Sasol's headquarters in Rosebank, Johannesburg. Picture: FINANCIAL MAIL
Sasol's headquarters in Rosebank, Johannesburg. Picture: FINANCIAL MAIL

Chemicals group Sasol, whose share price had its best day on record on Tuesday, has cut its guidance for fuel sales by double digits as SA’s 21-day lockdown hits demand.

The group now expects liquid fuel sales of between 50-million and 51-million barrels for its year to end-June, a decline of about 12% from previous guidance, with the group saying it is now prioritising chemical production.

“At this stage a similar reduction in Synfuels chemicals demand is not being experienced, and Sasol is prioritising supply of chemicals within SA as well as strong export demand,” the group said.

Daily production at the group’s Secunda synthetic fuel facility has been cut by a quarter and production could be reduced further, the group said.

A small number of its employees have tested positive for Covid-19 and are receiving support, Sasol said, though this has not affected operations. Synfuels production volumes are expected to be between 7.3-million and 7.4-million tonnes, a decrease of about 5% from previous guidance.

Sasol’s share price jumped 53.48% on Tuesday, its best day on record, though its share price remains under pressure from cost overruns at its Lake Charles project in the US, and a heavy debt burden.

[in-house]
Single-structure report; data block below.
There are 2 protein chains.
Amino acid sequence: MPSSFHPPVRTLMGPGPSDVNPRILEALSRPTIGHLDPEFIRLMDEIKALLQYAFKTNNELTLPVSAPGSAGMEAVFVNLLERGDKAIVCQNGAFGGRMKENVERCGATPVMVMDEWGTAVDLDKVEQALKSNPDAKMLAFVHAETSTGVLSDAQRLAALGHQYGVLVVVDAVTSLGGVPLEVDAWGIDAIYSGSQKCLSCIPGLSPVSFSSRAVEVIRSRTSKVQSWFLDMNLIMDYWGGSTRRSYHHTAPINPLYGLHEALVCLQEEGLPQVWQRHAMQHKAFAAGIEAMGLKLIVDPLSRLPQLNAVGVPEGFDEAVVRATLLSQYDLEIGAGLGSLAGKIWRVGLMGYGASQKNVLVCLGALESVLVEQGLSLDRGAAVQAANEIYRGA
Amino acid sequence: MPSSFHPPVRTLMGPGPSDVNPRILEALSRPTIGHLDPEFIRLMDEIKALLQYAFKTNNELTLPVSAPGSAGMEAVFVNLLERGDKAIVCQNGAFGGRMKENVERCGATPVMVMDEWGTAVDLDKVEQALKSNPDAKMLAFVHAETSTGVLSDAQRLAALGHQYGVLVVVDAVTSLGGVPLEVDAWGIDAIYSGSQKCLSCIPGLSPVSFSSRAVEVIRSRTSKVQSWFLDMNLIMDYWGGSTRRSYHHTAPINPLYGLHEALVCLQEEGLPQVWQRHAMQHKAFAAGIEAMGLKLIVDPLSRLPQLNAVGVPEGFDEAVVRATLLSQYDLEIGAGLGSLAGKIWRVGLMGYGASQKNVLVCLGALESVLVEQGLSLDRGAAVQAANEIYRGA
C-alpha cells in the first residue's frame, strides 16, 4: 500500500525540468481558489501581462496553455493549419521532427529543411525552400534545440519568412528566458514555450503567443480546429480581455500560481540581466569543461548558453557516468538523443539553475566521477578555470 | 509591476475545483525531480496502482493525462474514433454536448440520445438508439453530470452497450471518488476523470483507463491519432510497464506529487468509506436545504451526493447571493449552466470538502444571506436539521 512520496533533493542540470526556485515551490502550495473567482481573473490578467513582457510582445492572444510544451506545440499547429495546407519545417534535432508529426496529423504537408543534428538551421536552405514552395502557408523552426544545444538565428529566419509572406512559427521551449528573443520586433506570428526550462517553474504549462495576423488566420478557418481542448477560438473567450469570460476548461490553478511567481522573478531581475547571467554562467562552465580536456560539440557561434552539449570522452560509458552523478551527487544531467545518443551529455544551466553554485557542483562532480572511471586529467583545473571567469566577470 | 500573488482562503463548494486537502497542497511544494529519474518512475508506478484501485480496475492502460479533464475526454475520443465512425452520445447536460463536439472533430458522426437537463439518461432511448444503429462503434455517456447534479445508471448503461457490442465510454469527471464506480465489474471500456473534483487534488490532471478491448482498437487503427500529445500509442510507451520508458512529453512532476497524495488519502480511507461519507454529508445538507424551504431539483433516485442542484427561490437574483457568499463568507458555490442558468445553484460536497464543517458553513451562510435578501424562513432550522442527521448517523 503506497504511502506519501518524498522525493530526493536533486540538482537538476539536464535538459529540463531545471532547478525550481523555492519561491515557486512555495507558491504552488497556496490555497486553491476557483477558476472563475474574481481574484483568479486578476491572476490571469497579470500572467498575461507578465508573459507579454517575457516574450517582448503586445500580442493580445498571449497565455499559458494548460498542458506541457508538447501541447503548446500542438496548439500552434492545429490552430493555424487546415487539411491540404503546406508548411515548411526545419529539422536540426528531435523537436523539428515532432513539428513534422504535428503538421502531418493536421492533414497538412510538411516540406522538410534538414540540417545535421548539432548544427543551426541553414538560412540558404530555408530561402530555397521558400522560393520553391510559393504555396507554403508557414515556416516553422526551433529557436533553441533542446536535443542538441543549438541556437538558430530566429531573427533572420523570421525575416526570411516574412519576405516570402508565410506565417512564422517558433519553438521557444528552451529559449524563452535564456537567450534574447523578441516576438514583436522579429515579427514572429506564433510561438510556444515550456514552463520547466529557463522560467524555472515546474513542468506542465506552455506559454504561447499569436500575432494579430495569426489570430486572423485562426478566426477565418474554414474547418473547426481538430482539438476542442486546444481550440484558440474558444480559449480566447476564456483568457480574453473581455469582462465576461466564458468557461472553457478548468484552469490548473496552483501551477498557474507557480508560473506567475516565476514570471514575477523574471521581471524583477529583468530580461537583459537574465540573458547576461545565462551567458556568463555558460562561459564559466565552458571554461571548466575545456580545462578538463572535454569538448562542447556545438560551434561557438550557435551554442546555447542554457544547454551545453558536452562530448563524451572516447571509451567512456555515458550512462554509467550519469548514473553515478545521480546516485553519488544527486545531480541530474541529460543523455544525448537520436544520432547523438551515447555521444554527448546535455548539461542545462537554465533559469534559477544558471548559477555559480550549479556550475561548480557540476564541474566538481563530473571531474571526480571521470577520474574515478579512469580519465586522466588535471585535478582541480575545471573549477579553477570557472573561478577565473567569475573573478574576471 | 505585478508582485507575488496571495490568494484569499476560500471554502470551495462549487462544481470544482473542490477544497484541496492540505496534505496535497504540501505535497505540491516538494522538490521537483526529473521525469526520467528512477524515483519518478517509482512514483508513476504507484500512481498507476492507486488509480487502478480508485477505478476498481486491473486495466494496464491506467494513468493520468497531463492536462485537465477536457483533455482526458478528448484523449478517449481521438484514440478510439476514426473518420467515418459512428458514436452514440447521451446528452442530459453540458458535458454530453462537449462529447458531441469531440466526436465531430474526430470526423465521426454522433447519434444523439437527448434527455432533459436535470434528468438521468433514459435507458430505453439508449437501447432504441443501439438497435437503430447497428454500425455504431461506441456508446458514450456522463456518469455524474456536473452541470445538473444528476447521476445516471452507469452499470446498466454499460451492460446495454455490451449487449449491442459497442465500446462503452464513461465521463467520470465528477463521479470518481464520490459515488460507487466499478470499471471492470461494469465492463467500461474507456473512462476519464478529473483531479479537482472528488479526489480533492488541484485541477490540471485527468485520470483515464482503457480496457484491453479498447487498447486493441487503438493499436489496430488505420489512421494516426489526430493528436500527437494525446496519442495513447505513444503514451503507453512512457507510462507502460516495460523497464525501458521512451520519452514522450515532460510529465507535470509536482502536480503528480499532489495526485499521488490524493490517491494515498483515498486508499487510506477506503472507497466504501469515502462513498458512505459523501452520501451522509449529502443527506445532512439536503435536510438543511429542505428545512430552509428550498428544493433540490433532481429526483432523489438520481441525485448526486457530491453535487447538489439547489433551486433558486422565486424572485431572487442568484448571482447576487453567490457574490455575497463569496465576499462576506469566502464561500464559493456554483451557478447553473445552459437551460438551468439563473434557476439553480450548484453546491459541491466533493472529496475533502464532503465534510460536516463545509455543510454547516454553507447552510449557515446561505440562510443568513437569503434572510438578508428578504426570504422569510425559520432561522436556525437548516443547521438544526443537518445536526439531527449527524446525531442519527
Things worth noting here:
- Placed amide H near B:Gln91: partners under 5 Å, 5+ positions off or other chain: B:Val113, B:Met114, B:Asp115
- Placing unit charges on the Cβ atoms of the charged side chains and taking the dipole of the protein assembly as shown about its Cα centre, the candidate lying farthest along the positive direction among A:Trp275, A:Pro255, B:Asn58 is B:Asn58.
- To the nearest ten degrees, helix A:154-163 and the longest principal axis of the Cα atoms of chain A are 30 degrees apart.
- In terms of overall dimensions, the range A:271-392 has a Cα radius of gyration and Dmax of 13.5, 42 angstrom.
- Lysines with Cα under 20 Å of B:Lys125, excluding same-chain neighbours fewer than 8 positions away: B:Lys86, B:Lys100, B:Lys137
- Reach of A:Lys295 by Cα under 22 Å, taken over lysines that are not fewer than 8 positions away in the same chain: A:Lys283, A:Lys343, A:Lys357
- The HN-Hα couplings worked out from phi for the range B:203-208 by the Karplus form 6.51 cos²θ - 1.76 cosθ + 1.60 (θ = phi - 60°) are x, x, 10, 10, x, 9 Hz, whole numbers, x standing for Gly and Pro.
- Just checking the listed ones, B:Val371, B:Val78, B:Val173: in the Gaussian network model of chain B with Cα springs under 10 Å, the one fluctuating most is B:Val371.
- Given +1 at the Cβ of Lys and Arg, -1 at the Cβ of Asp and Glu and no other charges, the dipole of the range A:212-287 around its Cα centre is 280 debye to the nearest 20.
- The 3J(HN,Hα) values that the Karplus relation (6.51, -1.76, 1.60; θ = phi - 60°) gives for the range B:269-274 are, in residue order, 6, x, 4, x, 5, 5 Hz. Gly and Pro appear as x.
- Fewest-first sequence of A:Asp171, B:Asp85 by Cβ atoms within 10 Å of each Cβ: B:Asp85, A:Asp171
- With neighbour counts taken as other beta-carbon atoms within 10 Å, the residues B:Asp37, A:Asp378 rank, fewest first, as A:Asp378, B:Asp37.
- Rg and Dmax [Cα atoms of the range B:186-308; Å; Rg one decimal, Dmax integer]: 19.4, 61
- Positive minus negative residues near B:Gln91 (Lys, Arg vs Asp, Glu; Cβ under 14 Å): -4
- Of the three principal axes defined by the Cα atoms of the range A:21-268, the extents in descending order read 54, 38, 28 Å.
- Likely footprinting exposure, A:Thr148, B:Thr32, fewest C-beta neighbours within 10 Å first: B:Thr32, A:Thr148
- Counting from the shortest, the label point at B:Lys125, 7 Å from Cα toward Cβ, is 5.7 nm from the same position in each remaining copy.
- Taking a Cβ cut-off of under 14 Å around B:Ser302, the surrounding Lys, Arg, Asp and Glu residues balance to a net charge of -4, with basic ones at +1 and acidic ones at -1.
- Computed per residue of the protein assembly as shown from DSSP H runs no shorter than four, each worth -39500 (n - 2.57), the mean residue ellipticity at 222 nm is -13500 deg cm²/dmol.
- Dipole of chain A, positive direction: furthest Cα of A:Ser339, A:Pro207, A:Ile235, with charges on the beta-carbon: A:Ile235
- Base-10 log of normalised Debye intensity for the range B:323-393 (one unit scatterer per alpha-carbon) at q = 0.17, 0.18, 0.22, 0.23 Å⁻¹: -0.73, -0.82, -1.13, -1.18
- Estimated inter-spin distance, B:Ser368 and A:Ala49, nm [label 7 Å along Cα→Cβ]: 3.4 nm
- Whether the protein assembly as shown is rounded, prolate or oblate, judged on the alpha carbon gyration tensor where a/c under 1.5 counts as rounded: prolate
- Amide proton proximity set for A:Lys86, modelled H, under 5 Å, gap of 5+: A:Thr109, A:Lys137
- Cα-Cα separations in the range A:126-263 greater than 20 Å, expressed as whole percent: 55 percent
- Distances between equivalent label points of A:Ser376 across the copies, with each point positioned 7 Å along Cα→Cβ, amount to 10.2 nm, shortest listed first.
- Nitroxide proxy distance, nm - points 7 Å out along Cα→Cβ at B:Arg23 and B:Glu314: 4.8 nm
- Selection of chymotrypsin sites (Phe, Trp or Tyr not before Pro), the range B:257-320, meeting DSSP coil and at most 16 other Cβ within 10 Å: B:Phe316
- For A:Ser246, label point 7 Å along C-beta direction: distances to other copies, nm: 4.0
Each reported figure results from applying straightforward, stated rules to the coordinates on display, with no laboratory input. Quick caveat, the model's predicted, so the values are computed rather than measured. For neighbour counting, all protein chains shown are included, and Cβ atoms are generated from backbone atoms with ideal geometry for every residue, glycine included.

Graphic: RUBY-GAY MARTIN
Graphic: RUBY-GAY MARTIN

The Louisiana project cost has ballooned 45% from initial estimates of $8.9bn (R161.4bn at the current rate of exchange) in 2014 to as much as $12.9bn.

Cost overruns at the mega-project prompted the firing of its co-CEOs in 2019 and caused the group to delay its financial results twice. An explosion at the facility earlier in 2020 led it to revise downwards its earnings forecasts for the facility, while a recent oil-price spat between Russia and Saudi Arabia has put the fuel-maker under additional pressure.

Sasol’s debt, a lot of which is denominated in dollars, has grown to about R130bn, while its market capitalisation is about R45bn.

To pay down the debt, the group is looking to generate cash of $6bn through cost-cutting measures, asset disposals and a possible rights issue.

Sasol’s share price has fallen about three-quarters so far in 2020, and markets are eyeing an Opec meeting on Thursday that could result in a new production agreement with Russia. /With Lisa Steyn

gernetzkyk@businesslive.co.za

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